The emotional reaction I experienced on hearing a recording which James Joyce made of the last pages of ANNA LIVIA PLURABELLE was profound. As I listened to the record time and again, the conviction grew upon me that if I could re-create in music the mood that the author creates when he reads the closing chapters of ANNA LIVIA PLURABELLE, I would be justified in translating into a musical idiom what already seemed to be sheer music.
Felman’s response pivots on the aural clarity of the Anna Livia Plurabelle recording – she notes, for example, that D is used as a pedal point in the setting because Joyce’s voice modulates around a pitch of D in the recording – and the “sheer music” she heard there was mediated by that very recording.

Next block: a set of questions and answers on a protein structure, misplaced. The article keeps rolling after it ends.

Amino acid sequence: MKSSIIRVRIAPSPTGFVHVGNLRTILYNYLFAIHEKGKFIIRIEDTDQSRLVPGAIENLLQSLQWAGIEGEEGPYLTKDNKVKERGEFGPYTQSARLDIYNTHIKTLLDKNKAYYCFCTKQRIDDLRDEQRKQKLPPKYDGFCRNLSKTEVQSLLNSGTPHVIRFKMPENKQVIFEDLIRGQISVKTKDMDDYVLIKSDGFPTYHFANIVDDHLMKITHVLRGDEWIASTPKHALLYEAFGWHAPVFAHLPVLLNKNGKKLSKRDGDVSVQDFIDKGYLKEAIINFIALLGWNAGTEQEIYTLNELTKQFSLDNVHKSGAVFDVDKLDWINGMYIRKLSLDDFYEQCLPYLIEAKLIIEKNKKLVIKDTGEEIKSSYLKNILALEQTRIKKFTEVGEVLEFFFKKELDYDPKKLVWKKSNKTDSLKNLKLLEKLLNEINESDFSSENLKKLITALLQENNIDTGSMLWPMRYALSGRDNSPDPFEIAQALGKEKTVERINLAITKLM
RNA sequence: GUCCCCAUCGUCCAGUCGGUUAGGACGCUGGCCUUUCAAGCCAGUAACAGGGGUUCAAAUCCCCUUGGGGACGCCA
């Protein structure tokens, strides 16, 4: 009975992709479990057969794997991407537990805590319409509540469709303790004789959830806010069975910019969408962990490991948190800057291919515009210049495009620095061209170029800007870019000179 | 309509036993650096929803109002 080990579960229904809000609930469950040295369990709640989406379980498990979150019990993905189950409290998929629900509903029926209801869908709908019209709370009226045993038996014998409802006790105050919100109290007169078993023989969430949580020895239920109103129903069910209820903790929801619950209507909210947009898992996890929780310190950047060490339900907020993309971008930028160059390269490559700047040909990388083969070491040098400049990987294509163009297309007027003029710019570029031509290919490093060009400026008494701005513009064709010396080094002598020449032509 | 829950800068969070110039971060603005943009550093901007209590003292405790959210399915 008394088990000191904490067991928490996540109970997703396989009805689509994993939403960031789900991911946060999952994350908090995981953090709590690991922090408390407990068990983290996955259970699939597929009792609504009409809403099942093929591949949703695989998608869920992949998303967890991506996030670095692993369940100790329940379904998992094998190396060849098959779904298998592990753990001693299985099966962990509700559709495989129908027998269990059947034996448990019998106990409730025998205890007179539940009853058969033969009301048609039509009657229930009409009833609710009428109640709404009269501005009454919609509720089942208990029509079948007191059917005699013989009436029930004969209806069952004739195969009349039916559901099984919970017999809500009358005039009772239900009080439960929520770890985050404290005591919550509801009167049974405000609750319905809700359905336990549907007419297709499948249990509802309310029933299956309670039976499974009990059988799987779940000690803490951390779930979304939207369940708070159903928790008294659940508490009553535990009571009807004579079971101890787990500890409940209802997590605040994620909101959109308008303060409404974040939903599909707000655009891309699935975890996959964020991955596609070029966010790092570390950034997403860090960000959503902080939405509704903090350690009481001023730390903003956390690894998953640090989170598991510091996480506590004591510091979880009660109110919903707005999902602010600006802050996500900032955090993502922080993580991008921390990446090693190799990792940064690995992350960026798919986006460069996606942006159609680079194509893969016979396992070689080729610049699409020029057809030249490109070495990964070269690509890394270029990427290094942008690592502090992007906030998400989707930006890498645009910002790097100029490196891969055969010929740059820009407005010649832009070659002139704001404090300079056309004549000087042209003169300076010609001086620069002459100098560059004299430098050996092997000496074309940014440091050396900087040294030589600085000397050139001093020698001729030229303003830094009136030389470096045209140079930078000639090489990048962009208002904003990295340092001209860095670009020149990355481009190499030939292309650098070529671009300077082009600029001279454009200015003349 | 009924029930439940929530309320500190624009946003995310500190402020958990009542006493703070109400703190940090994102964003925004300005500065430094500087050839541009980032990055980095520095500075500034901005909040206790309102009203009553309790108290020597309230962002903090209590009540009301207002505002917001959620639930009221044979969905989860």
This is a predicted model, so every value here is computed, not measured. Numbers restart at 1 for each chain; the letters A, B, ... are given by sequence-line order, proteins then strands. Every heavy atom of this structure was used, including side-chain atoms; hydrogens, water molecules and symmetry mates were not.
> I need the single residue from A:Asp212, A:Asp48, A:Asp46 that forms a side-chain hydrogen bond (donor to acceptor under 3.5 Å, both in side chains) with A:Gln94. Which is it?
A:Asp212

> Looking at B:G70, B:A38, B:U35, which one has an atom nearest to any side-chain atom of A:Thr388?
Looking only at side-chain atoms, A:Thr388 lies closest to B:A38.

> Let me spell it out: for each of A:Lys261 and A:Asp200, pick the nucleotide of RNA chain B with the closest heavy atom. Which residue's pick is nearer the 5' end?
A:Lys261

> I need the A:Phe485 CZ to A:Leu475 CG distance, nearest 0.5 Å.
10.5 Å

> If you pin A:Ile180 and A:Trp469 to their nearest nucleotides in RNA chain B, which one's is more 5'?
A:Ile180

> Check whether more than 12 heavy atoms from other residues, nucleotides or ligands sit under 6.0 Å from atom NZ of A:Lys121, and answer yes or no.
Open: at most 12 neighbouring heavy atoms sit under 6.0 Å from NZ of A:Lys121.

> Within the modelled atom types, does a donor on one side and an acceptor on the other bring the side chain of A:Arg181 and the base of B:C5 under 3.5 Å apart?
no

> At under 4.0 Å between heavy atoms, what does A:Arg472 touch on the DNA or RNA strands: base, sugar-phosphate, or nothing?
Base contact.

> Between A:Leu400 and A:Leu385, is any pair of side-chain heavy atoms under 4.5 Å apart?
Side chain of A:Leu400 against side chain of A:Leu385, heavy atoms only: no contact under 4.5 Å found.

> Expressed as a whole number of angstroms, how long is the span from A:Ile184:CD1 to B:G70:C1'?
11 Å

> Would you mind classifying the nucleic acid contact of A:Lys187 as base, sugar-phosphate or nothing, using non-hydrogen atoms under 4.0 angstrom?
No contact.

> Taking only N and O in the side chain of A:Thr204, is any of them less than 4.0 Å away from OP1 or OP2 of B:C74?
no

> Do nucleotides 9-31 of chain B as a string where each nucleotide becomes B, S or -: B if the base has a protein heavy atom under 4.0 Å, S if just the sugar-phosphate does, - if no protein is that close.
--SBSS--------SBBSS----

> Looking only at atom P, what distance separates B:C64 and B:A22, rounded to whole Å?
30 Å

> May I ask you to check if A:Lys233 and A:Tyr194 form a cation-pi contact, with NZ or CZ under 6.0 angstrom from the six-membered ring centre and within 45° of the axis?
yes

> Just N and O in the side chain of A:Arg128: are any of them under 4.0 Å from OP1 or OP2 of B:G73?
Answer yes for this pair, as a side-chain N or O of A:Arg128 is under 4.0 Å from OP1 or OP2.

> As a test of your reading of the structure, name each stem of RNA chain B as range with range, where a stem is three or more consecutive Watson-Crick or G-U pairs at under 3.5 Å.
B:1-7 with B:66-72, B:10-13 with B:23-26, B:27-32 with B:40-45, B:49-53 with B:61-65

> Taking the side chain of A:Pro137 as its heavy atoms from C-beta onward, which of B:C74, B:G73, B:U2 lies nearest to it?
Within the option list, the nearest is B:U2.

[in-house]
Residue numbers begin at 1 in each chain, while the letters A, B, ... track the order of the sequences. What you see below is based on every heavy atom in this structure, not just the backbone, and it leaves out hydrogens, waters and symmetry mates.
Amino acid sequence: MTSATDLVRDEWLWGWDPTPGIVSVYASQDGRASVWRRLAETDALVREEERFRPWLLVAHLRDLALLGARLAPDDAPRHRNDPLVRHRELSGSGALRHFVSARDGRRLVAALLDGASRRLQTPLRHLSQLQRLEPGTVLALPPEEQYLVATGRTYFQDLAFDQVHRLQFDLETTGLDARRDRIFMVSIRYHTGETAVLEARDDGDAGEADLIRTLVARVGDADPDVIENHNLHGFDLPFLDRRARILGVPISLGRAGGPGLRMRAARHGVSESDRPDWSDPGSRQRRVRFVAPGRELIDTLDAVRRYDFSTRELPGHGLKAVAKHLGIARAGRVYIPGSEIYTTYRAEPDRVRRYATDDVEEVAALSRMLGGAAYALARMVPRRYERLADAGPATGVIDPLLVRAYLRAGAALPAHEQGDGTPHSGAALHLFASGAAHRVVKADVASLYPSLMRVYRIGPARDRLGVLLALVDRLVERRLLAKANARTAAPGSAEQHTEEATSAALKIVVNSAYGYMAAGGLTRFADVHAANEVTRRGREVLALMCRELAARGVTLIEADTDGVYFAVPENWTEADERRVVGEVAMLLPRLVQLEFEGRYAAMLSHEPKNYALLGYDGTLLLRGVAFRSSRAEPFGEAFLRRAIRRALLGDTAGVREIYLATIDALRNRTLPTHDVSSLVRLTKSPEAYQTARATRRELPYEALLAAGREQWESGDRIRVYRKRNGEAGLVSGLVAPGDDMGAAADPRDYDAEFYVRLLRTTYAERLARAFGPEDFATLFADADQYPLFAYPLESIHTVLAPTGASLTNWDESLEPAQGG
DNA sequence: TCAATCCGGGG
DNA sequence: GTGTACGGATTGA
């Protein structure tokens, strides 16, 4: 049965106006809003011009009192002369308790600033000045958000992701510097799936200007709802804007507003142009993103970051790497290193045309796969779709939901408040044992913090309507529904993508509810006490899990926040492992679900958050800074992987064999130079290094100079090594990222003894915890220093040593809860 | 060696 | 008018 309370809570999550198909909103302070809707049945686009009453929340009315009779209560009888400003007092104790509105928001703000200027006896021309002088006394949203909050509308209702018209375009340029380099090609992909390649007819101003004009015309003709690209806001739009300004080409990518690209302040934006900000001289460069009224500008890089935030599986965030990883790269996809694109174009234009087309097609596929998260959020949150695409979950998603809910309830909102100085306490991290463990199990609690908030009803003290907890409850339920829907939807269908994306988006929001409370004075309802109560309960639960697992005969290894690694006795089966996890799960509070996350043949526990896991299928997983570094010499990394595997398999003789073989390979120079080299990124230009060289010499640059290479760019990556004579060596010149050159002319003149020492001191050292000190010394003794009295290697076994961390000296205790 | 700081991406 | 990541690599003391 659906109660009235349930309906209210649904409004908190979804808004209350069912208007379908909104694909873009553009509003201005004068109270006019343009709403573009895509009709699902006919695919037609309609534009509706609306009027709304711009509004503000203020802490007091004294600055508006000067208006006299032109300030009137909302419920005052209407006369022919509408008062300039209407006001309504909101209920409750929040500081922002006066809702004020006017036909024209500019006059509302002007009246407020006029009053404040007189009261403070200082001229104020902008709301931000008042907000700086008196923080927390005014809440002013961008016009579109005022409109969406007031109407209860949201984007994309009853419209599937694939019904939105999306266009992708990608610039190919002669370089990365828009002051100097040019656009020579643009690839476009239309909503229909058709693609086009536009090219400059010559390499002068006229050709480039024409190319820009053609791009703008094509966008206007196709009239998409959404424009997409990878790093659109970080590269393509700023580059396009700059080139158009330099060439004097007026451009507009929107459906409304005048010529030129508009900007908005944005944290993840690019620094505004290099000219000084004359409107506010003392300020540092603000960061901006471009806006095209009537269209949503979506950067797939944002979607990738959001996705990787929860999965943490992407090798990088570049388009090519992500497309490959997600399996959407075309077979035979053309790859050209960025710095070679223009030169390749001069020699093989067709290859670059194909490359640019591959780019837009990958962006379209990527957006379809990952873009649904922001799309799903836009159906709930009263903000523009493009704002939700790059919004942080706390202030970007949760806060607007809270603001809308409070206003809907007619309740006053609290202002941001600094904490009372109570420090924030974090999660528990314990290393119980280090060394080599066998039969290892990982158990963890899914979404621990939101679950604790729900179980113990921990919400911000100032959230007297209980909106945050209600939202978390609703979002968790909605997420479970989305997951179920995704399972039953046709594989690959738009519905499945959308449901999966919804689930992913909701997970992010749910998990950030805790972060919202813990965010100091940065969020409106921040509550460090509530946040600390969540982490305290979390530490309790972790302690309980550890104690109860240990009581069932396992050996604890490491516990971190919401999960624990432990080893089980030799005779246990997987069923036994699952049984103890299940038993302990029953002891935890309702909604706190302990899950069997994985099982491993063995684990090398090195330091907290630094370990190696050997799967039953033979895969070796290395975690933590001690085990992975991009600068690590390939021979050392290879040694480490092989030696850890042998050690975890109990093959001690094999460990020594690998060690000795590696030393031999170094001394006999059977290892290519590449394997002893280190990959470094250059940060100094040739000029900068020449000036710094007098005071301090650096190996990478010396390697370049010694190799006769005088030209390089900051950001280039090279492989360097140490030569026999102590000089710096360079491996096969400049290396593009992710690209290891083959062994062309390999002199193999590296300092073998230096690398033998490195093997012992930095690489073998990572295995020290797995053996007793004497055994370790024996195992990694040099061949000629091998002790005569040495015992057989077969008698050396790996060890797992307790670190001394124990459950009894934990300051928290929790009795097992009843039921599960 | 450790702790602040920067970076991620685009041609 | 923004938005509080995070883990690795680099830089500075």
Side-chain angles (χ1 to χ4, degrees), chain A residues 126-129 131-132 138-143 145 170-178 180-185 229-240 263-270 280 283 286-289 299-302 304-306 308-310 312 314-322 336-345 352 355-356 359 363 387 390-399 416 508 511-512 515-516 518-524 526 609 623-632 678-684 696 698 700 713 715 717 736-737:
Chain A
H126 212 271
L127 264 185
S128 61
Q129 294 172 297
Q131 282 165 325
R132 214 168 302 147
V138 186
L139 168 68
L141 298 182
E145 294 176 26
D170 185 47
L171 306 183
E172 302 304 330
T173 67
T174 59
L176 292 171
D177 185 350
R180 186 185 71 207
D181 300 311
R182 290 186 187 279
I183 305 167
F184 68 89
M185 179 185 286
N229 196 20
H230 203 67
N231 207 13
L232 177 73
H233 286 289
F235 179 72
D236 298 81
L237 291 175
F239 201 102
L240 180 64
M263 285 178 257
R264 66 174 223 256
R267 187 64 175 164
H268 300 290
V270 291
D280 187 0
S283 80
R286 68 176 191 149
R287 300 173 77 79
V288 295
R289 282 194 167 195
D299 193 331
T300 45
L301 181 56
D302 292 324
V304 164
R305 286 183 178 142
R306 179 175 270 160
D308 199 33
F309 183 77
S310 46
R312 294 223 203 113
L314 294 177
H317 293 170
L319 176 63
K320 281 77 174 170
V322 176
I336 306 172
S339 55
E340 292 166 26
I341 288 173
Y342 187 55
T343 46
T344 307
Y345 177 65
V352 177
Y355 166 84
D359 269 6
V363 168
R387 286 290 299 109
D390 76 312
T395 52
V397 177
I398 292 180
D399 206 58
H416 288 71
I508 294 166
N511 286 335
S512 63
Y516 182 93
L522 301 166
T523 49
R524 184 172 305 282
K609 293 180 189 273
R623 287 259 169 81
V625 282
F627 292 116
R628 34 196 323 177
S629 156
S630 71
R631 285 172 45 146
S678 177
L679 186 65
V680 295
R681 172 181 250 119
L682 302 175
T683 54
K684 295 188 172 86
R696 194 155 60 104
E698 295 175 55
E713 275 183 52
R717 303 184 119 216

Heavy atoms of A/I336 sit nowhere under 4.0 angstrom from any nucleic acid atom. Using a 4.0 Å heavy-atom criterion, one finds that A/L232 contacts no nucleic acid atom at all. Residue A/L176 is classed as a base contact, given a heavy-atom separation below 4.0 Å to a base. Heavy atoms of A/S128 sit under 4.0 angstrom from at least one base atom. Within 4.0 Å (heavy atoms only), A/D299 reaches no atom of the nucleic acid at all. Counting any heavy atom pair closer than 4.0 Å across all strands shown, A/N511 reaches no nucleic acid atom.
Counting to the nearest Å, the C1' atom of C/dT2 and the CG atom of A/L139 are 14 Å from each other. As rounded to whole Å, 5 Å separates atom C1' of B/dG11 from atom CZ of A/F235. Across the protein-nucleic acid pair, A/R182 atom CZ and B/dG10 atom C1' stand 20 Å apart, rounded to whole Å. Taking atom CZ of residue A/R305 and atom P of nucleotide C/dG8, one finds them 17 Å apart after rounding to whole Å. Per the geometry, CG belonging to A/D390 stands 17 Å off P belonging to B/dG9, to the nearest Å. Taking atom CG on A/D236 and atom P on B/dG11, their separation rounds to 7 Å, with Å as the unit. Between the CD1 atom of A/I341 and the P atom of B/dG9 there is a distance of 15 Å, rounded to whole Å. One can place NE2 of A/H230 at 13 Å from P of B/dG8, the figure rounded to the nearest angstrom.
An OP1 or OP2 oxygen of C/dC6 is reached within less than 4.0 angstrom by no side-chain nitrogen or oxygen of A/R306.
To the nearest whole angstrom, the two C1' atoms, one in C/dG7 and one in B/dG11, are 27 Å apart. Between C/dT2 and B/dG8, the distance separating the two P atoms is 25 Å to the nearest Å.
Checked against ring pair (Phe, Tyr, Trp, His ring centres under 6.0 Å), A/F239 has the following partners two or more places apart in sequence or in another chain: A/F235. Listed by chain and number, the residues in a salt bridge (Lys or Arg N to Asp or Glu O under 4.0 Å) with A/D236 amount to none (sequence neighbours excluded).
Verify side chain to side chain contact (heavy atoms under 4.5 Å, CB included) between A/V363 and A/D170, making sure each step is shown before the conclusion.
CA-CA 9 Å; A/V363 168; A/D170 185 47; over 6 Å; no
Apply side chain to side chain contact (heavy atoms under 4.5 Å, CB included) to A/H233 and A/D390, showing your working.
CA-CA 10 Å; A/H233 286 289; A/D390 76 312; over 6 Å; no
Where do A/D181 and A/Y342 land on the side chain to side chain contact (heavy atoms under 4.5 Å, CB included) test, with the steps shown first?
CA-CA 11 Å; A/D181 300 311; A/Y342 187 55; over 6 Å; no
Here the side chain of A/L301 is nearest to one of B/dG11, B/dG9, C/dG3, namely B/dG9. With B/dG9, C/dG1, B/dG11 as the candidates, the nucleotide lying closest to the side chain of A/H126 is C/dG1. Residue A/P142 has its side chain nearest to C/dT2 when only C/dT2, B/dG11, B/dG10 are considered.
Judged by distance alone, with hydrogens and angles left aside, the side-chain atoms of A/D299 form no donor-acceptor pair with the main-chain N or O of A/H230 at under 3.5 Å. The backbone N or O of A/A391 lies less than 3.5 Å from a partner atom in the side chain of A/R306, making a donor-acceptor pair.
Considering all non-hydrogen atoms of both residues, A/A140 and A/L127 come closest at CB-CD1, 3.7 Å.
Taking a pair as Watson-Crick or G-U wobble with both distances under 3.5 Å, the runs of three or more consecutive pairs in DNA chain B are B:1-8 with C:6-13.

Almost eighty years after Felman, today’s hi-fi listeners more often hear in the recording only a poor realization of Joyce’s text, a judgment that has nothing to do with Joyce’s performance and everything to do with the grossly uneven staking of the recording’s semiotic content against its materiality. Yet we do well to recall that surface noise is just as “modernist” as Joyce’s innovative prose. Why do we always forget that? To ask this question brings us back to turntables and students. (Anyone remember them?)
Damien Keane is an assistant professor in the English department at the
State University of New York at Buffalo. He is nearing the completion of
a manuscript entitled Ireland and the Problem of Information.